Bree Doyle: At first, it took a lot of work to get a pond hockey team together – it’s tough to sell sub-zero weather to a bunch of Cali natives. However, I’ve been told I recruit hard and don’t take no for an answer. We’re bringing two women’s teams this year because once people go, they love it so much and can’t wait to go back. What’s so great about the Pond Hockey tournament is that you have all the teams chatting and hanging out. Usually, when you go to a tournament, you only hang out with your own team. Pond is a different story. We’ve made tons of friends throughout the years and catch up by scrimmaging on open rinks and going to dinners together.
USA Hockey: Overall, what’s your favorite thing about playing these days?
Bree Doyle: I’m still challenging myself to become a better player. I played goalie through college, and I now play defense. It feels like since I changed position, hockey is like a whole new sport to me. I still have the passion to try and be the best player I possibly can. My other favorite thing is I don’t only get to play the best sport in the world, but also I’m able to hang out with my friends a few times a week!
Nadia Raczek: I love that I am 40 years old, and I can still hang! Whether it’s drop-in, co-ed leagues, or women’s teams, I have no anxieties about lacing up the skates and getting out on the ice in a new place.
USA Hockey: Where do you see women’s hockey headed in the future?
Nadia Raczek: Women’s hockey has made great strides in the last three decades I’ve been playing and I imagine it will just keep growing. There are already so many great opportunities for women in this sport. With continued engagement from local and national communities, more doors will be opened for women to advance at the collegiate and professional levels.
Bree Doyle: One of the best changes that has happened to the sport is the number of women that currently play. The women’s talent out there is unreal. For example, take a look at Kendall Coyne Schofield. She’s forever changed the meaning of women’s hockey with her impressive speed at the NHL All-Star skills competition. Women’s hockey needs more exposure like this so no longer will women have to “prove” themselves, but simply become accepted as hockey players.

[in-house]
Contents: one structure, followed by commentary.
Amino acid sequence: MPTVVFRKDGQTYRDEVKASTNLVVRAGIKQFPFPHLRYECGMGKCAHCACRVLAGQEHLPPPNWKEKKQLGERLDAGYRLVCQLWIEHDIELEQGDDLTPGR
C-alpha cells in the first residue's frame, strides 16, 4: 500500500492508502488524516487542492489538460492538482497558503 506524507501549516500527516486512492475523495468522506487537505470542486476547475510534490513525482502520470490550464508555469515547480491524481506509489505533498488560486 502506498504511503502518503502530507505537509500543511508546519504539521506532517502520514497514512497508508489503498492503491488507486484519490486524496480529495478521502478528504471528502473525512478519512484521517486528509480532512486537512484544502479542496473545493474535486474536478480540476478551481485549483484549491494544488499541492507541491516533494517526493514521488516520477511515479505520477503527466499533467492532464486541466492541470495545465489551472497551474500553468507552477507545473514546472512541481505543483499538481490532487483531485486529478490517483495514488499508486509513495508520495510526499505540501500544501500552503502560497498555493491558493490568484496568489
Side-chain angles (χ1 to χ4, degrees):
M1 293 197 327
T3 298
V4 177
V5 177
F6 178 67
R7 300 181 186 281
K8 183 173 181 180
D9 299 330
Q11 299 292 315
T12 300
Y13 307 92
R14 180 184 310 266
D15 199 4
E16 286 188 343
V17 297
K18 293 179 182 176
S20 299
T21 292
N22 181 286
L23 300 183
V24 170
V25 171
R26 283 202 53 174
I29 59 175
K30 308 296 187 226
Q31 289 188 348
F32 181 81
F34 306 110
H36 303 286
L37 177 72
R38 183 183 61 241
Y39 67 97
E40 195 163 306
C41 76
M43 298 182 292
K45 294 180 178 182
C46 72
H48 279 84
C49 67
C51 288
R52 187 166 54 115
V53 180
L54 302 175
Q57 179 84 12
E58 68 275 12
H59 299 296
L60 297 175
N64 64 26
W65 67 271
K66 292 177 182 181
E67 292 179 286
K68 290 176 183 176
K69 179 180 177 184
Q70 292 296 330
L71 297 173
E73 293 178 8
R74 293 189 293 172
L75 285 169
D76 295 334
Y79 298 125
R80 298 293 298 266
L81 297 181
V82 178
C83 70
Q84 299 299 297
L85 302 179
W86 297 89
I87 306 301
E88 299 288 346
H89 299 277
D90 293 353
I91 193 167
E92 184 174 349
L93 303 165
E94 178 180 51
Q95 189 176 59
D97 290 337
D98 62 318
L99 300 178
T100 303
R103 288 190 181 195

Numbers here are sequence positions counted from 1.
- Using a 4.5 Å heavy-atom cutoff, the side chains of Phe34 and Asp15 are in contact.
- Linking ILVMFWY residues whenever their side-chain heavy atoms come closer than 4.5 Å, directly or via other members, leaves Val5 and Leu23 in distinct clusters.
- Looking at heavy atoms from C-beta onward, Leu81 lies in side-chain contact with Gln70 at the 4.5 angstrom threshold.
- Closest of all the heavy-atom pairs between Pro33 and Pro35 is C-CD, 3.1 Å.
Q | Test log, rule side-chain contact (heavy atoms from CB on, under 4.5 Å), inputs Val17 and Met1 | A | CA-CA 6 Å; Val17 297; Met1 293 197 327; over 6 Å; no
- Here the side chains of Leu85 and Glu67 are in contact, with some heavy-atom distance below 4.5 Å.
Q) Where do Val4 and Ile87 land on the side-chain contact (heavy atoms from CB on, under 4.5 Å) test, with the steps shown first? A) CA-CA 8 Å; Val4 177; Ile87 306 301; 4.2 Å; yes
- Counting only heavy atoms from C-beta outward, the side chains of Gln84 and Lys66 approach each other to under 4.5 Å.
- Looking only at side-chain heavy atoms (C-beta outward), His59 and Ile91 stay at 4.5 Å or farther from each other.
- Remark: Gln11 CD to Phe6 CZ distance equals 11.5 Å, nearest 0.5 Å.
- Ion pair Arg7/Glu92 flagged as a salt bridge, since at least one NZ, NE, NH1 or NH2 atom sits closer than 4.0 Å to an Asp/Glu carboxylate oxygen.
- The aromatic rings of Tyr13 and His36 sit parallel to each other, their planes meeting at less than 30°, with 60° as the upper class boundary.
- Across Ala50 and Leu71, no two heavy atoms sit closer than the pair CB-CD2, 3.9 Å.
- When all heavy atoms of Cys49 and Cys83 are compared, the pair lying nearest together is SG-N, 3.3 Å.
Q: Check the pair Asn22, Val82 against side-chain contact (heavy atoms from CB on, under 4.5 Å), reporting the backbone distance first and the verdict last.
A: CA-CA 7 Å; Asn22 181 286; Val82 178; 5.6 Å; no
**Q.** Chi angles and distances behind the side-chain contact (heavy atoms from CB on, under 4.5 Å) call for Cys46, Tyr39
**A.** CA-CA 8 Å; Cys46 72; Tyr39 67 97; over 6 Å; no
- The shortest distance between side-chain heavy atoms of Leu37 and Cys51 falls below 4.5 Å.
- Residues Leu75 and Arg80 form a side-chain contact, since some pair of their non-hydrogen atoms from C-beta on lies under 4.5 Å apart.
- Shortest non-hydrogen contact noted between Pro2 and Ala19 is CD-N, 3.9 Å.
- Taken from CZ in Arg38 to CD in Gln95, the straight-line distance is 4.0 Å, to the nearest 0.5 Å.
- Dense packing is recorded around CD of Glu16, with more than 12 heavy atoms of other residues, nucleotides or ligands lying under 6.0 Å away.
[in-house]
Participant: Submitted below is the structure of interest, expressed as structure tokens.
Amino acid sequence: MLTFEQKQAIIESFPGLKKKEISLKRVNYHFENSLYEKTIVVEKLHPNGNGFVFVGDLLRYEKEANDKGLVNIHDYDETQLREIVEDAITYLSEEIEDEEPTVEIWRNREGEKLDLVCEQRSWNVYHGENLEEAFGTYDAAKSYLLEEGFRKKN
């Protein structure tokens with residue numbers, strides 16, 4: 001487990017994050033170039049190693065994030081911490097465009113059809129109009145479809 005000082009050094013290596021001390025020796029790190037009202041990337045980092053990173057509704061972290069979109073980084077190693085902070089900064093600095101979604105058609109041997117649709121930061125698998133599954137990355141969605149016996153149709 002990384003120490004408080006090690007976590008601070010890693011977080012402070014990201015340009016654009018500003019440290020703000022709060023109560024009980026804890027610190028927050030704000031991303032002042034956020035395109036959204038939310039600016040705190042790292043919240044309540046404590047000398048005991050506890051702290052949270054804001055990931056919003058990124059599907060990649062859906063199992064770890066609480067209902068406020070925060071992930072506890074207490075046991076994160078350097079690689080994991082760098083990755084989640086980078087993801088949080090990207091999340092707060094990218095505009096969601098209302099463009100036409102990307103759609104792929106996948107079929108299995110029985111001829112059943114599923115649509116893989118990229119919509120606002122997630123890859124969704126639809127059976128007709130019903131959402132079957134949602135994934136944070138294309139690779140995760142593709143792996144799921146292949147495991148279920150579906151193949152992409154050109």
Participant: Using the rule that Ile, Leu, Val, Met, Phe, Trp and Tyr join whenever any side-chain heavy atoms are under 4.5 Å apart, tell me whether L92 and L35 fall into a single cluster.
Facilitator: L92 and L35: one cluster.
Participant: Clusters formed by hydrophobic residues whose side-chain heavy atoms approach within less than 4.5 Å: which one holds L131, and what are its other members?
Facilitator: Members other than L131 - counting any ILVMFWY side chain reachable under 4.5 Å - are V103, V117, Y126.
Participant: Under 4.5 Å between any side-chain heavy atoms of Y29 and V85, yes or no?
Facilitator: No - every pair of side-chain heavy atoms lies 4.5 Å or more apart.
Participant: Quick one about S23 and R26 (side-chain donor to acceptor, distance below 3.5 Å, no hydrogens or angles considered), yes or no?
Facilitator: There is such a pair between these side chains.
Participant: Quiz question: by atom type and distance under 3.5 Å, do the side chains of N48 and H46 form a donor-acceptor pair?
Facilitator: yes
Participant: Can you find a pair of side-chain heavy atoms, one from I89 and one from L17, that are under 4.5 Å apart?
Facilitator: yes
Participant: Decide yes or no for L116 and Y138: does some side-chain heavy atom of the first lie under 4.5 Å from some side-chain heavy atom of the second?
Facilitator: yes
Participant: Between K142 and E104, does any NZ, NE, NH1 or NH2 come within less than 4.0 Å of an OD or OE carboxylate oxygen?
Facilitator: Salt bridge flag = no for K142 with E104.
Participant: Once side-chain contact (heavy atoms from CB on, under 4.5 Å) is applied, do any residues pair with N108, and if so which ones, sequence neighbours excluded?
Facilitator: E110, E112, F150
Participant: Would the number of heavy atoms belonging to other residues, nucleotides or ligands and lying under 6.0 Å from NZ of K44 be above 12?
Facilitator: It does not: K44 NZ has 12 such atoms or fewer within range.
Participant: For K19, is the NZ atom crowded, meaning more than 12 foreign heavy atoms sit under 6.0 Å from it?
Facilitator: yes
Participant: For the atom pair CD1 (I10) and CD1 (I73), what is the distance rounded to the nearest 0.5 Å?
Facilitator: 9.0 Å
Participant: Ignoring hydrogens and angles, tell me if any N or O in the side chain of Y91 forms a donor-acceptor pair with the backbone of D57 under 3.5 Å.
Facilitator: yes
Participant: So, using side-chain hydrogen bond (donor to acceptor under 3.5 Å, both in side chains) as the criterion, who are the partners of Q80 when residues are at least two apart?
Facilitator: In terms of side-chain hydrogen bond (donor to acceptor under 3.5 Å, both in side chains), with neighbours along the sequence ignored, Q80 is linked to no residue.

I see women’s hockey exploding in the future. Just from seeing the talent of college hockey from when I played to the talent now, it’s incredible how much stronger the competition is and how much depth the benches have. Playing internationally truly showed me how far women’s hockey has come. I was able to play in Bangkok and play against teams from Singapore, Dubai, Kuwait and Australia. I know that women’s hockey will only grow, and the talent will soar!
USA Hockey: What does hockey mean to you today?
Bree Doyle: Hockey, to me, is my everything. I know I would not be the person I am today without it. Career-wise, hockey developed my ability to give and take direction, focus on a goal, and the drive to succeed. Relationship-wise, it has allowed me to meet the most important people in my life.
Nadia Raczek: I learned at an early age that hockey and its people will take care of me, both emotionally and physically. Hockey has given me a family that I can 100% rely on, no matter where I am or what is happening in my life. This sport, its culture, and lifelong friendships have created an instant community for me every place I’ve ever been to. Hockey is a family; once you’re in, you’re connected for life!
USA Hockey: Whether they’ve ever picked up a stick or laced a single skate of their own, what would you say to encourage more girls and women to get involved in today’s game?
Nadia Raczek: Just do it! Contact your local rinks or women’s leagues to see what they offer, whether it’s a Try Hockey program, mixed league, or drop-in play, there’s usually something for everyone. Grab a buddy and give it a shot. As daunting as hockey may seem, I can guarantee you’ll have the support of an amazing hockey family around you.
About the Athletes
A former national champion, Bree Doyle was a two-time First Team All-American at Plattsburgh State and was elected to the university’s Athletic Hall of Fame last year. Today, she lives and works in San Jose, California, where she spends what little free time she has at Sharks games, golfing, traveling, or trying out new restaurants with friends.
Nadia Raczek was essential in helping the St. Olaf program succeed during its infancy, serving as a team captain for two years. Today, she works as a nursing informatics consultant and lives in Windsor, Colorado, with her husband and 2-year-old daughter.